Additional subjective information should be obtained to guide the development of an accurate diagnosis. First, information about the things that might have led to the abdominal pain should be obtained. This includes data such as diet, alcohol consumption, or possible trauma that could have led to the symptoms. Information about previous experiences of stomach pain should also be obtained. A previous history of stomach pain will help the nurse determine if the condition is acute or chronic. In addition, the nurse should determine if JR experienced a similar pain when he experienced gastrointestinal bleeding four years ago. Information on previous treatments for the GI bleed should be obtained to guide the current management. The nurse should also seek information about the characteristics of stomach pain (Maret-Ouda et al., 2020). For example, information on whether the pain radiates elsewhere should have been obtained to rule out causes such as pancreatitis.

Information about the character of the diarrhea should also be obtained. Information such as blood-stained diarrhea would help the nurse to develop a potential diagnosis of gastrointestinal tract bleeding. Associated symptoms such as vomiting should also be obtained. This is important because symptoms such as projectile vomiting will indicate potential problems such as pyloric stenosis. Information about changes in the client’s weight over the past few months should also be obtained. Unintentional weight loss could indicate other health problems such as cancer of the gastrointestinal system. Information on changes in appetite should also be sought. Early satiety could indicate problems such as hypertrophic pyloric stenosis. The nurse should also obtain information about the factors that relieve, precipitate, or worsen the stomach pain. For example, a diagnosis of peptic ulcer disease will be made if the symptoms worsen 15-30 minutes after eating (Sverdén et al., 2019). A diagnosis of gastroesophageal reflux disease will be made if the symptoms worsen when JR lies down and improves with sitting upright.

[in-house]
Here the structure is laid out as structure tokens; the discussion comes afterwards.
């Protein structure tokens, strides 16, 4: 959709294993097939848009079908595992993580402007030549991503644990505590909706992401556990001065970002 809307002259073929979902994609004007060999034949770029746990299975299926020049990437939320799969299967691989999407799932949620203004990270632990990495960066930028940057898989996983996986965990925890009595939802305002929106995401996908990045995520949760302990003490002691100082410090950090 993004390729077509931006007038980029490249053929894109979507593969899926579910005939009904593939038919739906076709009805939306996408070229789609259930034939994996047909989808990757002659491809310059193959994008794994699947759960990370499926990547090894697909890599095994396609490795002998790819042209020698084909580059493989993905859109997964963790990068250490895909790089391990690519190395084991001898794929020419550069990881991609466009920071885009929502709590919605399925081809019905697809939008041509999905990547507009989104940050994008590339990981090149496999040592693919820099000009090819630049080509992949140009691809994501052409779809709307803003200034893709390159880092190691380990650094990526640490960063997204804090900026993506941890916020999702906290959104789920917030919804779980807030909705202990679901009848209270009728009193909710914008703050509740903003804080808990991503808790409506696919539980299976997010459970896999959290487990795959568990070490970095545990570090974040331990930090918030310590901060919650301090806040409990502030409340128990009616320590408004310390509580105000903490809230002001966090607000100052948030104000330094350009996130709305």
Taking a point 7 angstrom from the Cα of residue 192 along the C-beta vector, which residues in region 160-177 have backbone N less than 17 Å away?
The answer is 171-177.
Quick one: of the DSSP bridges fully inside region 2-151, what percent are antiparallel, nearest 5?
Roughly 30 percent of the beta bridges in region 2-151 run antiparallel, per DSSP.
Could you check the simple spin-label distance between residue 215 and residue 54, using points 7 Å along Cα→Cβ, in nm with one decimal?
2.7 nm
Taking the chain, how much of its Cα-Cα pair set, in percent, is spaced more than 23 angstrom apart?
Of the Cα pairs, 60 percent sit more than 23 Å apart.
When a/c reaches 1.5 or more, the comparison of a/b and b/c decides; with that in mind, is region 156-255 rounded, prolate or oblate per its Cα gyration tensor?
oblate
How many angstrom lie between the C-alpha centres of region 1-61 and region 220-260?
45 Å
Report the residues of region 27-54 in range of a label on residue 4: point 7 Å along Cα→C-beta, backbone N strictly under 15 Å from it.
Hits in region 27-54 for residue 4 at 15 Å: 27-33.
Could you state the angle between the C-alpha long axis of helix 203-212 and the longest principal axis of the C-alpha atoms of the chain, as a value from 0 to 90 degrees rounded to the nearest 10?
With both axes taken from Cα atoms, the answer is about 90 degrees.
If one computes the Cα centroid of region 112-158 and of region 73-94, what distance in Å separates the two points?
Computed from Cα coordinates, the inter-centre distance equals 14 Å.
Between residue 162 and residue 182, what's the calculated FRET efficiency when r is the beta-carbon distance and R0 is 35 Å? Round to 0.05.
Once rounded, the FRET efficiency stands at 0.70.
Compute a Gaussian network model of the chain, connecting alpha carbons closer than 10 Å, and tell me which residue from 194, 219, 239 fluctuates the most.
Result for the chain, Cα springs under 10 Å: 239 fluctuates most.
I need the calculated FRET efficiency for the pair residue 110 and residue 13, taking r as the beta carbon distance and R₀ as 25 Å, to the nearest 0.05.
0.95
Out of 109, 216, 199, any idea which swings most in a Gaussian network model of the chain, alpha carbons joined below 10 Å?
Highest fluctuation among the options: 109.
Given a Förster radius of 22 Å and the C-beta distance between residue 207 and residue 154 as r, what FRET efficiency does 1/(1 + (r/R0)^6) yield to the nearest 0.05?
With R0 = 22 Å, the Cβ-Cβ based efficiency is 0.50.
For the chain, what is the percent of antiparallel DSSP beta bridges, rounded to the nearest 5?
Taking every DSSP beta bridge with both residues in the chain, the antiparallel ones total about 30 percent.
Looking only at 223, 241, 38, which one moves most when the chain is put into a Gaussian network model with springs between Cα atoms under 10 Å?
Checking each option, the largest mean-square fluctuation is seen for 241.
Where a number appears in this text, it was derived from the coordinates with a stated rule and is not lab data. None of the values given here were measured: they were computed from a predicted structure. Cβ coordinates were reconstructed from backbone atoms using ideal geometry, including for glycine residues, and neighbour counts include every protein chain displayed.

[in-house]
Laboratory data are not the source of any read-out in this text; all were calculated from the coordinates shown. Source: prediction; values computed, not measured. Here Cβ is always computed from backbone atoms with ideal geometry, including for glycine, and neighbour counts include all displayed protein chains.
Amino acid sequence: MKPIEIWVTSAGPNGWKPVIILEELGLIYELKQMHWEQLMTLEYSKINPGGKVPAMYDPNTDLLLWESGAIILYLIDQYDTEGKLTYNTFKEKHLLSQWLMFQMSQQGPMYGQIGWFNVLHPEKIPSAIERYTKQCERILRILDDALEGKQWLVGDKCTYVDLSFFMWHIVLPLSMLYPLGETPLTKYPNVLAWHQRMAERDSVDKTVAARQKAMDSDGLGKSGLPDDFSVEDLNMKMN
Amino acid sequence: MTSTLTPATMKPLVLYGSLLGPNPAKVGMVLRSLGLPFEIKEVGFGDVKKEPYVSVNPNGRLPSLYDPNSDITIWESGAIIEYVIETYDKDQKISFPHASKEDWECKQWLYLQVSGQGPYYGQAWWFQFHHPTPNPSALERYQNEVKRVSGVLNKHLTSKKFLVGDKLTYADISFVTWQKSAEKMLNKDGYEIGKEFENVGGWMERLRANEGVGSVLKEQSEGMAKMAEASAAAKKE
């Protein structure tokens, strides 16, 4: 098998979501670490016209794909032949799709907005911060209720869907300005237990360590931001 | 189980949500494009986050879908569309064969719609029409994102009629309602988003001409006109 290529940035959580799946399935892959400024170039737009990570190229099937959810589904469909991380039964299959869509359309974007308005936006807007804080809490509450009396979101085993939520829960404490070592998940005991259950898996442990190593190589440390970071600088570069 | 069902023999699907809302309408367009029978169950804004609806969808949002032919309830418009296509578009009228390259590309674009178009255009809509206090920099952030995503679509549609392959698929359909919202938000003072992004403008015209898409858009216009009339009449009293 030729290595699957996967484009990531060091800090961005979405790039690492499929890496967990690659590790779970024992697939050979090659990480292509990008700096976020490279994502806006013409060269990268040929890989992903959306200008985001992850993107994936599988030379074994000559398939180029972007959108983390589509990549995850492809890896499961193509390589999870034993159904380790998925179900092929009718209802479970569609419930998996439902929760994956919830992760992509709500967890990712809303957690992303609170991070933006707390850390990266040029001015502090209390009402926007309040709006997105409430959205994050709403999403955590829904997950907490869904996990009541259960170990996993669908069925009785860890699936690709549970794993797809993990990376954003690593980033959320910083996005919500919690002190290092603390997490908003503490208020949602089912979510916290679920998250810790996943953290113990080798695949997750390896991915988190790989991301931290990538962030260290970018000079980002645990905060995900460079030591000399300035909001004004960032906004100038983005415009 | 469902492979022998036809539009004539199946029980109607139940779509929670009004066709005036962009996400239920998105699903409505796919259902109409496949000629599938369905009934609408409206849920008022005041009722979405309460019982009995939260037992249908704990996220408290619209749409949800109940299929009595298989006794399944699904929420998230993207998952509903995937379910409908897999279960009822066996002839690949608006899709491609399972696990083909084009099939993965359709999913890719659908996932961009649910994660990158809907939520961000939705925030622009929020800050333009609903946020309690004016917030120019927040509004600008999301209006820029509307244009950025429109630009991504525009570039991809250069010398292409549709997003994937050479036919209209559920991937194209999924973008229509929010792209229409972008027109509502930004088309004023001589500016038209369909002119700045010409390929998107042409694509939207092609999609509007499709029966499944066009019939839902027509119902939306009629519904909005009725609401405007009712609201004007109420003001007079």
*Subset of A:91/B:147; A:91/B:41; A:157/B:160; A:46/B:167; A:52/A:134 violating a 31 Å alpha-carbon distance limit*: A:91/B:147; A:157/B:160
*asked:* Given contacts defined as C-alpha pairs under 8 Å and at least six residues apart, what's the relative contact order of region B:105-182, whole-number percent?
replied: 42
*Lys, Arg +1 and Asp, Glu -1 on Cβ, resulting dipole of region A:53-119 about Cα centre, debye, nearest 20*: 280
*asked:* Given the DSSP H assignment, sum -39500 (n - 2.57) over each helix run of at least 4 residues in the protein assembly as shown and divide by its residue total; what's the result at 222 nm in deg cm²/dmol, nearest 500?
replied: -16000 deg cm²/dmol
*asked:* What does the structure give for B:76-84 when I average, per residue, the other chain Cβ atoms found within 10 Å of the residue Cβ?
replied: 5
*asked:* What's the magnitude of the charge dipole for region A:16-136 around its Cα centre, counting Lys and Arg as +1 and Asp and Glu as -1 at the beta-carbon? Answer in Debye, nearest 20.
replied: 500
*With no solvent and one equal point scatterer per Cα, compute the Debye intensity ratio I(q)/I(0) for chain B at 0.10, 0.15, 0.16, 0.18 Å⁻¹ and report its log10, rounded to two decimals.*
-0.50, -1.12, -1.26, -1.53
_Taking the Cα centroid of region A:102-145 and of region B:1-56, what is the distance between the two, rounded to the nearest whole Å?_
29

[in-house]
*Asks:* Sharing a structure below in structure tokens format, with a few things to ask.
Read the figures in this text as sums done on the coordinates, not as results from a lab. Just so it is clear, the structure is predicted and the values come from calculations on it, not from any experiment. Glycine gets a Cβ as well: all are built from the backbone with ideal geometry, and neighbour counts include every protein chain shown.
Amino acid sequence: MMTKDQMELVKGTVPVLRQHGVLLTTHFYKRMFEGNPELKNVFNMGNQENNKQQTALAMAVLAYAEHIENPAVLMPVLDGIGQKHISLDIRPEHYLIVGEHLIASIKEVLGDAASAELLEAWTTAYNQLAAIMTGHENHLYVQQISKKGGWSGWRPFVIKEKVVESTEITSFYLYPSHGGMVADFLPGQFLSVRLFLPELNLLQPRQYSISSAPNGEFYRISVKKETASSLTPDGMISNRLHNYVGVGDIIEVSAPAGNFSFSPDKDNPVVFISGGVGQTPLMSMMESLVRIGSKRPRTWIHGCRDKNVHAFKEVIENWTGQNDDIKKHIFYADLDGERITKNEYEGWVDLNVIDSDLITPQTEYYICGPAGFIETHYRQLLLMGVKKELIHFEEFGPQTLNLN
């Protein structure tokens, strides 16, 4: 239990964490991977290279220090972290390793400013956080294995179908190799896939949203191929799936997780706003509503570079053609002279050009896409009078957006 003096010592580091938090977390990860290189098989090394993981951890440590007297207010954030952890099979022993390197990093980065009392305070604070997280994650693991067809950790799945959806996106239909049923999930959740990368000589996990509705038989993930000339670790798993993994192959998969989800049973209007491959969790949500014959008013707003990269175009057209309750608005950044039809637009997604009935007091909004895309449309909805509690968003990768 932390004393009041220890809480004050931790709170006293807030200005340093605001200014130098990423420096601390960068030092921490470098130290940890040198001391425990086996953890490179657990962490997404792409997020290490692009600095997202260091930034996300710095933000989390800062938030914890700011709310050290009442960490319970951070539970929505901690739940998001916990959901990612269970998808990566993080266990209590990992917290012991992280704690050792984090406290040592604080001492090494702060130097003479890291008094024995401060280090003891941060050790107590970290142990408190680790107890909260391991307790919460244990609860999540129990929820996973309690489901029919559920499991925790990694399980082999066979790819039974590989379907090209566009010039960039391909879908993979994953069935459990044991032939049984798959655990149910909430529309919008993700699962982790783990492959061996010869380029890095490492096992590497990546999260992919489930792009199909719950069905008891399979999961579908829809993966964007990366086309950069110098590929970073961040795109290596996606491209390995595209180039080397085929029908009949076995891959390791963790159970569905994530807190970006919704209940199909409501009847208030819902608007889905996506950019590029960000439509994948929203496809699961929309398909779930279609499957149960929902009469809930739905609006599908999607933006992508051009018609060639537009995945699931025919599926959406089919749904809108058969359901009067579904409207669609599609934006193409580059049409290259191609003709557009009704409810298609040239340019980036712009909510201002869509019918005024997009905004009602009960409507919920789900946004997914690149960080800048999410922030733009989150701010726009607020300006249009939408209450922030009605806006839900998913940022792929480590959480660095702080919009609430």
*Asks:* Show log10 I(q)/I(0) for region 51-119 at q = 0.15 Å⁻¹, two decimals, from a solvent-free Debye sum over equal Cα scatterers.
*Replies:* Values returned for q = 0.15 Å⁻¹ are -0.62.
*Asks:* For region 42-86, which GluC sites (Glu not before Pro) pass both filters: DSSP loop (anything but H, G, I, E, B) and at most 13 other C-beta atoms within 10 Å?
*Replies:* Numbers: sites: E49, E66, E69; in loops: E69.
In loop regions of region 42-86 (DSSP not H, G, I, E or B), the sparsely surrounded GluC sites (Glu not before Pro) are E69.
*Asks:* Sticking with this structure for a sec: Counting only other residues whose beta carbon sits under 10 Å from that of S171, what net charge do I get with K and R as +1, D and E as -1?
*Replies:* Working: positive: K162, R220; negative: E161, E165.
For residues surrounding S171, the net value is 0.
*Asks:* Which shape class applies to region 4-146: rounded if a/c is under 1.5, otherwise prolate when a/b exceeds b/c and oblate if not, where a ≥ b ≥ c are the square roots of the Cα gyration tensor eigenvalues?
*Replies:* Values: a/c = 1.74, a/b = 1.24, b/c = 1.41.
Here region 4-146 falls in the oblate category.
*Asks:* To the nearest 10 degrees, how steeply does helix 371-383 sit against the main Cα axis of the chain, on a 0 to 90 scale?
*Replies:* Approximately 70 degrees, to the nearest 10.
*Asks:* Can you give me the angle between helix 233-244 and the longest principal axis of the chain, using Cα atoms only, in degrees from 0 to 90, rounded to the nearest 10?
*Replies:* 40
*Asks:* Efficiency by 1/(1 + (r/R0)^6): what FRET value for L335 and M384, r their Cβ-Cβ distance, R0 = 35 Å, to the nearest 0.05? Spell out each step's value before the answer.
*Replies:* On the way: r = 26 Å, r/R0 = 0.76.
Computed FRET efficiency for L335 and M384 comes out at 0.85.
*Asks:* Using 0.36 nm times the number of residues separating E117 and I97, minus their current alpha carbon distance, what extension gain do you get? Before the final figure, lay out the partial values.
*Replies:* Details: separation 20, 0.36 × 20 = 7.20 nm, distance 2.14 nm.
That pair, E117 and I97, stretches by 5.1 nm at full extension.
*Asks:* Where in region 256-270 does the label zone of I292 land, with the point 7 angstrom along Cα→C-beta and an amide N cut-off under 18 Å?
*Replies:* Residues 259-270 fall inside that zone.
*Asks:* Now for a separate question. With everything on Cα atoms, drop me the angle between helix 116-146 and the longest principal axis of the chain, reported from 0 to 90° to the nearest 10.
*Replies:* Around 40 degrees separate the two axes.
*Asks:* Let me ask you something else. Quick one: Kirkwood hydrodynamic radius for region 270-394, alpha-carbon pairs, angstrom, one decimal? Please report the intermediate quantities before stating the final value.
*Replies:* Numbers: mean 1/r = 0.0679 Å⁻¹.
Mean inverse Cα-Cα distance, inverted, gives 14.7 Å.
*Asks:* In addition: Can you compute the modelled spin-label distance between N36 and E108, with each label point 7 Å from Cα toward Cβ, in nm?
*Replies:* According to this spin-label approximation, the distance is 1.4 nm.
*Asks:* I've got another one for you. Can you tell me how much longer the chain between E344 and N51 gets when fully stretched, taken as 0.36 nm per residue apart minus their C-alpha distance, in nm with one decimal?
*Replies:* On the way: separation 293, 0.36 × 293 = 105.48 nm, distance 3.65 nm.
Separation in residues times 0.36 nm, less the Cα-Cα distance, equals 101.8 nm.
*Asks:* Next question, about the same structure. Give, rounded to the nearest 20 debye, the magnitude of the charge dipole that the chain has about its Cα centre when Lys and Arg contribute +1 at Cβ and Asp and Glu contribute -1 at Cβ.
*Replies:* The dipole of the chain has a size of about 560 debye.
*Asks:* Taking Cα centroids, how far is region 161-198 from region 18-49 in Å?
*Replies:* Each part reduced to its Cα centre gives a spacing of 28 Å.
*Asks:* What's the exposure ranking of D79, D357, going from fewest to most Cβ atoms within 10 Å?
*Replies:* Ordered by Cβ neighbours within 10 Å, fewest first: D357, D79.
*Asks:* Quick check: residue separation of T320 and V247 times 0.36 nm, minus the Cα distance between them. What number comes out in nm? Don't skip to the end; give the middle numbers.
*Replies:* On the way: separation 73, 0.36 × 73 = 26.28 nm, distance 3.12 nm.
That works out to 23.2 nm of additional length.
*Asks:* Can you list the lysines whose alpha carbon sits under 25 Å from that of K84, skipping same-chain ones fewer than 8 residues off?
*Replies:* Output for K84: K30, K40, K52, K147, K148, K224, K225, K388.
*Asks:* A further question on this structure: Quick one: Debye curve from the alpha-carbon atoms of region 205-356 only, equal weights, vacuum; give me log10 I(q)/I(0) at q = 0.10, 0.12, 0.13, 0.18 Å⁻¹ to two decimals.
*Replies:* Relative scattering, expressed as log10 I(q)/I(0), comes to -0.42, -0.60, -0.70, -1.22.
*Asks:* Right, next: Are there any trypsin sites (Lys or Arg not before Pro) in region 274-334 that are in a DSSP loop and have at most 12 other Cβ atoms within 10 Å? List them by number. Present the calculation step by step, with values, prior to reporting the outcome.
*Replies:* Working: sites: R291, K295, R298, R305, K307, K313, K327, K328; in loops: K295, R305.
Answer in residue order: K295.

Additional Objective Information

The nurse should obtain additional objective information from JR to make an informed diagnosis and develop a patient-centered care plan. Firstly, information about JR’s general appearance should be documented. This includes information such as his grooming, weight, alertness, and orientation. A comprehensive review of all the body systems should have also been done. For example, the assessment of the respiratory system is inadequate. Information such as the presence or absence of nasal flaring, wheezes, crackles, rhonchi, and peripheral or central cyanosis should have been documented (Katz et al., 2022). The assessment of the cardiovascular system should have extended to information such as the presence or absence of jugular venous distention or peripheral edema.

The information in the assessment of the gastrointestinal system is inadequate. Additional information such as the presence or absence of abdominal scars, organomegaly, pulsations, ascites, and visible blood vessels should have been documented. This is important because information such as palpable abdominal pulsations would indicate aortic abdominal aneurysm. Information about any abdominal pain on palpation and the location of the pain should have also been obtained and pain rating on a pain rating scale.  The nurse should have also assessed the skin for capillary refill, turgor, cyanosis, and edema (Haque & Bhargava, 2022). Low capillary refill and poor skin turgor could indicate problems with circulation and hydration.

If Subjective and Objective Data Supports the Assessment

Subjective assessment data is the information a patient gives about their health problems. Subjective data supports JR’s assessment. Some of the subjective data include his chief complaints, history of the chief complaints, past medical history, medications, allergies, family, and social history. Objective data refers to the information that the healthcare provider obtains during assessment. Healthcare providers use methods such as inspection, palpation, percussion, and auscultation to obtain objective data (Malik et al., 2023). Objective data supports JR’s case study. Examples of objective data in the case study include vital signs and findings reported in the assessment of the heart, lungs, skin, and abdomen.

Appropriate Diagnostic Tests